This is just a simple play by Hendershot for a positive gain on the play. He is lined up at the bottom of the screen and runs a short six yard dig route to the middle of the field. The defender plays off coverage and then Peyton Ramsey is able to fire the ball into his target setting up Indiana with a third and short inside two minutes remaining in the half.

This first down play has Hendershot lined up in the backfield as an F-back. In this formation, a tight end can be used as a blocker in many cases to aid on running plays. However, Penix fakes the jet motion coming from the left side and the offensive lien blocks down to the right with the jet motion. This brings the defense out of position as they were fooled by the fake and then Hendershot leaks out to the other side of the field. He catches the pass from Penix and runs for a 15 yard giving Indiana a first down with goal to go.

The key to breaking a zone defense is for receivers to find the holes within that zone and waiting for the quarterback to deliver with the throw. Here, Hendershot is in the middle of the screen and runs a short six yard route to the middle of the zone. The two Maryland linebackers drop back into coverage but the underneath is wide open for Hendershot to sit in before Penix gets the ball to him. After the catch, he uses his size and athleticism to gain extra yardage on the play for the first down.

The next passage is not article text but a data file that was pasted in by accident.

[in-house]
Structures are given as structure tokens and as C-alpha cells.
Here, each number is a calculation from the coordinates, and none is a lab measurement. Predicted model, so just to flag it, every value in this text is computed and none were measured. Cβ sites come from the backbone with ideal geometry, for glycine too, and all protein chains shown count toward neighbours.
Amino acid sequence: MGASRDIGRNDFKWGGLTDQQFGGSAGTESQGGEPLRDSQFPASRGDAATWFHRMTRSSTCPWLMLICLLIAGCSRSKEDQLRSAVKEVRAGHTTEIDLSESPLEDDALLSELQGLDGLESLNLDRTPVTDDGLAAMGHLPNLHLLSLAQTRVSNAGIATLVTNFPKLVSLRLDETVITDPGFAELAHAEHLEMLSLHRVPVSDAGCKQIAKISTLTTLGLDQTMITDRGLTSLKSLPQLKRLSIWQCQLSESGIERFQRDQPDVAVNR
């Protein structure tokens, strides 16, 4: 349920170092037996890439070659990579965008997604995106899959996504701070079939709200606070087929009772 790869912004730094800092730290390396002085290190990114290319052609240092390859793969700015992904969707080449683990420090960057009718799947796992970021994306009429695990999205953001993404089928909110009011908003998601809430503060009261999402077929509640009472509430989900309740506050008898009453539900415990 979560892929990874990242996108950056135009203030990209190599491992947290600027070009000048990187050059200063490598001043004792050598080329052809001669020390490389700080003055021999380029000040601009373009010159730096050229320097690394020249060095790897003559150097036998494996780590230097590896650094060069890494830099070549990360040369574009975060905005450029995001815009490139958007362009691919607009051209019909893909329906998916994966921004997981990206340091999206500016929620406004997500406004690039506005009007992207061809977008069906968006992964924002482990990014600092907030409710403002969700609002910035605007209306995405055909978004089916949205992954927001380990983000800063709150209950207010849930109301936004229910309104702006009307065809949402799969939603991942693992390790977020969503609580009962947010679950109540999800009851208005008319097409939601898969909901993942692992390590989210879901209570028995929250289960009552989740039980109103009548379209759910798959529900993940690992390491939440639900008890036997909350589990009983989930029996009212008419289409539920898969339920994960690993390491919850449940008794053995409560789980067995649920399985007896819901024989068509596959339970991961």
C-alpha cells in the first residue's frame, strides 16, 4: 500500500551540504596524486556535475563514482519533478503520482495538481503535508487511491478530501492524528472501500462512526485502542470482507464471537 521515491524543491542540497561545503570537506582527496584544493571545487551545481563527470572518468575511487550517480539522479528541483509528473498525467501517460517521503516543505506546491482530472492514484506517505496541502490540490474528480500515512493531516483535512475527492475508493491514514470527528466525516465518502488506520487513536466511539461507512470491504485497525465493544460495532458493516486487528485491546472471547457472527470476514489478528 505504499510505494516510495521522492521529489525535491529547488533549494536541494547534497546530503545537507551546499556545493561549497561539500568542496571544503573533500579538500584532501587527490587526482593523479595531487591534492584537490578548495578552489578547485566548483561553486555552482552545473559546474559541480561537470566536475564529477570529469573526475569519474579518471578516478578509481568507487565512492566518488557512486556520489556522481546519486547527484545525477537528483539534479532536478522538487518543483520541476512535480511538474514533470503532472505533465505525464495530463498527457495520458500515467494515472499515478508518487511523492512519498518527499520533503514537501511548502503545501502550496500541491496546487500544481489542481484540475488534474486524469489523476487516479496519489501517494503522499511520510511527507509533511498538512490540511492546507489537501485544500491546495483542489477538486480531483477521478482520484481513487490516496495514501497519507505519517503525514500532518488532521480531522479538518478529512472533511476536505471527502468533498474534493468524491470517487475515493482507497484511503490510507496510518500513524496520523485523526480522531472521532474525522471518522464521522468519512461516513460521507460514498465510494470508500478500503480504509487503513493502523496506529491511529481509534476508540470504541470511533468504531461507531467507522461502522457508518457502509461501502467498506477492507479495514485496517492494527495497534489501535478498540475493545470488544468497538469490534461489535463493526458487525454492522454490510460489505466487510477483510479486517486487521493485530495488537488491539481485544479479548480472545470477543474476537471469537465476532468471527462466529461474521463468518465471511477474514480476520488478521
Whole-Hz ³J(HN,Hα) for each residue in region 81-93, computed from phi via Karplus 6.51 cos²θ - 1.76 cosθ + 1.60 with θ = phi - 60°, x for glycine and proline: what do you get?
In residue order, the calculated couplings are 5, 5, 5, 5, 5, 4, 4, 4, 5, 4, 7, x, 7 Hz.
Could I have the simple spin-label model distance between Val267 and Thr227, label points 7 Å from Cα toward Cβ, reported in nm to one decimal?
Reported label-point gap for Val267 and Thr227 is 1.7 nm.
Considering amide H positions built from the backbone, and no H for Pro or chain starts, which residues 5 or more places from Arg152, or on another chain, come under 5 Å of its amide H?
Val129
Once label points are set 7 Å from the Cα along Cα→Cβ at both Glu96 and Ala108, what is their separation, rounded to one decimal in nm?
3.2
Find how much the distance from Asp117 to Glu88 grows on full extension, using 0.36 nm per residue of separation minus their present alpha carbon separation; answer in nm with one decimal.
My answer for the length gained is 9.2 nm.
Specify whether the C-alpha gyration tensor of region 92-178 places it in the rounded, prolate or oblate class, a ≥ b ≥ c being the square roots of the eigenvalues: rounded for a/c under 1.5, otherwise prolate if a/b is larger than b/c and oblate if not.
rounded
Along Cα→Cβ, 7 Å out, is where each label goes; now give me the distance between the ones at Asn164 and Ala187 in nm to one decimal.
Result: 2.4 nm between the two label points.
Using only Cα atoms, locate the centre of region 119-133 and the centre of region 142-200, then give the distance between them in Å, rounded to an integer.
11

A look at Indiana’s ground defense

While the Hoosiers did a fairly decent job controlling the air against Pigrome, the rushing attack from Maryland, specifically by Javon Leake, sliced through the Hoosier line on multiple occasions. Leake finished the game with 156 yards on 23 carries, inclusive of two touchdowns. The next section focuses on the Indiana rushing defense against the Terrapins.